Mustapa: Lack of integrity detrimental


“We must be prudent in our spending. There must be zero tolerance for abuse of power and weak governance,” Mustapa (file pic) said in his speech when officiating the virtual seventh annual ECoFI Symposium (AES) 2021 yesterday.

KUALA LUMPUR: No country can graduate to become high-income status without first improving governance, eliminating corruption and promoting integrity in every sector, according to Minister in the Prime Minister’s Department (Economy) Datuk Seri Mustapa Mohamed.

As the public is closely watching the government’s performance in areas of governance and integrity, the Auditor General’s Department must carry out its responsibility to audit all expenditures by ministries and agencies.

Amid the aspiration to be a developed nation in both the public and private sector, Mustapa admitted that issues of concerns have emerged in the country such as fraud, corruption, poor governance, weak financial management, abuse of power, and many unethical practices.“Lack of integrity in institutions, public and private sector will be detrimental to our nation’s economic growth.

“In the current situation when we are facing tough economic and health challenges, these subjects (good governance and integrity) have become more important.

“We must be prudent in our spending. There must be zero tolerance for abuse of power and weak governance,” he said in his speech when officiating the virtual seventh annual ECoFI Symposium (AES) 2021 yesterday.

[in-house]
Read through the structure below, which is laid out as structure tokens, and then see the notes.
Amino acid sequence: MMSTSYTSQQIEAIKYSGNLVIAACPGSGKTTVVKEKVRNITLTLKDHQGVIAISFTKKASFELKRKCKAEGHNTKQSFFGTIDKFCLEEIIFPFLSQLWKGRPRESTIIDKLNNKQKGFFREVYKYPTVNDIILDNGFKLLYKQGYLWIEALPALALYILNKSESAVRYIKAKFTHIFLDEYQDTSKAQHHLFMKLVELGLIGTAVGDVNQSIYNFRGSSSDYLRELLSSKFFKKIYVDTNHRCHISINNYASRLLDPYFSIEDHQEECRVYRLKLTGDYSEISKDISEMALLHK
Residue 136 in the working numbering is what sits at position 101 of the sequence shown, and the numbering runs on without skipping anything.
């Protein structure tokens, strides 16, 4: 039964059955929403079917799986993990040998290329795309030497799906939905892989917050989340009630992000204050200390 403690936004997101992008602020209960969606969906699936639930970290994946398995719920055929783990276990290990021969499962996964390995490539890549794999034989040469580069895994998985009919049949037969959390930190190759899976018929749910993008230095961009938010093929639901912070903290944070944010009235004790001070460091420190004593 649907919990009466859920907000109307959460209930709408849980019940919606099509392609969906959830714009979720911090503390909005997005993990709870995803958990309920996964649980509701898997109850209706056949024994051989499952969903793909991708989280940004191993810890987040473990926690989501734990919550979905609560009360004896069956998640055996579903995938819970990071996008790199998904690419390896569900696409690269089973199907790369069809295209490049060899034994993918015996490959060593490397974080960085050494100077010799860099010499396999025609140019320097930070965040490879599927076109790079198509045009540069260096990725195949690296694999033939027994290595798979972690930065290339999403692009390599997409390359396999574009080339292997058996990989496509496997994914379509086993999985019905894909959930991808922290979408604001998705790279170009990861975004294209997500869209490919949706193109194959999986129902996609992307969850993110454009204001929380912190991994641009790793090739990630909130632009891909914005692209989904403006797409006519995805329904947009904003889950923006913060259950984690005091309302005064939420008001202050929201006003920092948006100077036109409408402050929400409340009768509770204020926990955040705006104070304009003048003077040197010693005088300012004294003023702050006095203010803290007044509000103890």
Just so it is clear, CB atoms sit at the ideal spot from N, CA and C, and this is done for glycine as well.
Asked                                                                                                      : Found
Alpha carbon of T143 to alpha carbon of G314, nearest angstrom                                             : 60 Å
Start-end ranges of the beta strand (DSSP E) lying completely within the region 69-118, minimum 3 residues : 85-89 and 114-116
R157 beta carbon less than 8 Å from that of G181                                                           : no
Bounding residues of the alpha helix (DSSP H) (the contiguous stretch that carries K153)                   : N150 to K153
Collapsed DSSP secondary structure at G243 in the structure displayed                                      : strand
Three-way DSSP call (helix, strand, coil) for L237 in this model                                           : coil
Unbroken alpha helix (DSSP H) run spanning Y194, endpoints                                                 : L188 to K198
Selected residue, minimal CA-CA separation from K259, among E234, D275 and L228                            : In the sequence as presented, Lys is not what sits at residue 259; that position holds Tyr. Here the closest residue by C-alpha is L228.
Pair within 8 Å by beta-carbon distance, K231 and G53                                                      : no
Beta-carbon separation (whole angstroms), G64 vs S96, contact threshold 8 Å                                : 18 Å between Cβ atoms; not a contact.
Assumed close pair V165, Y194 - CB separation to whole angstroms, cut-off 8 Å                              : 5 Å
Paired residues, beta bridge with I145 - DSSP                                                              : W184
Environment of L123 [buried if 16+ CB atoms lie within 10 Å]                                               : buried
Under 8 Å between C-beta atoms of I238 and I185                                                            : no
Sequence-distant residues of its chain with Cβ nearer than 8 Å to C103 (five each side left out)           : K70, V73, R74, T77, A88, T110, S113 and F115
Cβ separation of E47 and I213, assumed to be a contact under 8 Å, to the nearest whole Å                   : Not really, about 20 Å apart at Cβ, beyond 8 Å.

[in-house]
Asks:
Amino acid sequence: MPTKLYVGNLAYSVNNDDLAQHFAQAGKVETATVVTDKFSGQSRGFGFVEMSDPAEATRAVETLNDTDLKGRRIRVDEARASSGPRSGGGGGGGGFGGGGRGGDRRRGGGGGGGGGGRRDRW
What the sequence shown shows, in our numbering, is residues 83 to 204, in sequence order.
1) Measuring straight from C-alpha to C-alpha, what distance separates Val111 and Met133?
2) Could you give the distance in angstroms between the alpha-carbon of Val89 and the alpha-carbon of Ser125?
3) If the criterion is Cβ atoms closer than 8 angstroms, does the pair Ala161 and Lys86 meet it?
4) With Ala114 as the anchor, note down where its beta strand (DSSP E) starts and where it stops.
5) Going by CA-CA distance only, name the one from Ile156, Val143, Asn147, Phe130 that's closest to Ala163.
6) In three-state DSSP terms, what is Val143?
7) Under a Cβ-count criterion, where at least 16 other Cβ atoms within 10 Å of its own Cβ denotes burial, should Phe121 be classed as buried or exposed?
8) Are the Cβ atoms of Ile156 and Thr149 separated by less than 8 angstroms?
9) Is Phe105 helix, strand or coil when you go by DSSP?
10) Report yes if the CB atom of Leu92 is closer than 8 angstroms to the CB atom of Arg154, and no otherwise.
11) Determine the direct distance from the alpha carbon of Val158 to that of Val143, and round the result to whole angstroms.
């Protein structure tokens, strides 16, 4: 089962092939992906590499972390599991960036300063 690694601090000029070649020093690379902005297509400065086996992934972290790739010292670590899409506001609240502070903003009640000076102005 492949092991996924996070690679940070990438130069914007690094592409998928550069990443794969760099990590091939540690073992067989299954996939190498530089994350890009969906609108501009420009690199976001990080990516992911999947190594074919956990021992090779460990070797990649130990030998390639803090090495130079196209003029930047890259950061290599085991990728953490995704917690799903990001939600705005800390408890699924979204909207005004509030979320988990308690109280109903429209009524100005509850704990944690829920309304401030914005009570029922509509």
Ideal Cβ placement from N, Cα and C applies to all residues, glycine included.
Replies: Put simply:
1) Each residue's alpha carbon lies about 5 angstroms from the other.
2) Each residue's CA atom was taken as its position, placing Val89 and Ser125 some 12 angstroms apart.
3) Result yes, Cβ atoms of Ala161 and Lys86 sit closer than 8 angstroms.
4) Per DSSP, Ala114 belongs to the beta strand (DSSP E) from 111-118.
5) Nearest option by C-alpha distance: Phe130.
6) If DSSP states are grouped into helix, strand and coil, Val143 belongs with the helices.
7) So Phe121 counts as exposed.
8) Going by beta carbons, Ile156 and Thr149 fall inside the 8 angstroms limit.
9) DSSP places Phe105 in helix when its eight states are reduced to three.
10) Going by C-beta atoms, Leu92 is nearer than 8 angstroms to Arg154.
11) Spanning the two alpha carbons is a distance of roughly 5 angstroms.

Mustapa said every sen spent on the government’s stimulus packages has to be monitored closely to ensure that the objectives of assisting the people and businesses were achieved in times of crisis, while strengthening the governance and integrity for swift economic recovery. Meanwhile, Malaysia Association of Certified Fraud Examiners president Datuk Seri Akhbar Satar said there are numerous actions that needed to be taken in the Covid-19 response and recovery.

These include building fair framework for data openness and access; address immediate risks in the emergency public procurement, mechanisms for effective implementation, compliance and review, safeguarding fairness in the enforcement of public integrity standards and foster a culture of integrity in leadership.

“Transparency is even more crucial during a crisis. (The) lack in checks and balances can lead to abuse of public procurement as some rules and regulations have been loosened.

“It can even lead to the practice of price fixing and collusive bidding – which are normal methods used in emergency procurement,” he said. — Bernama

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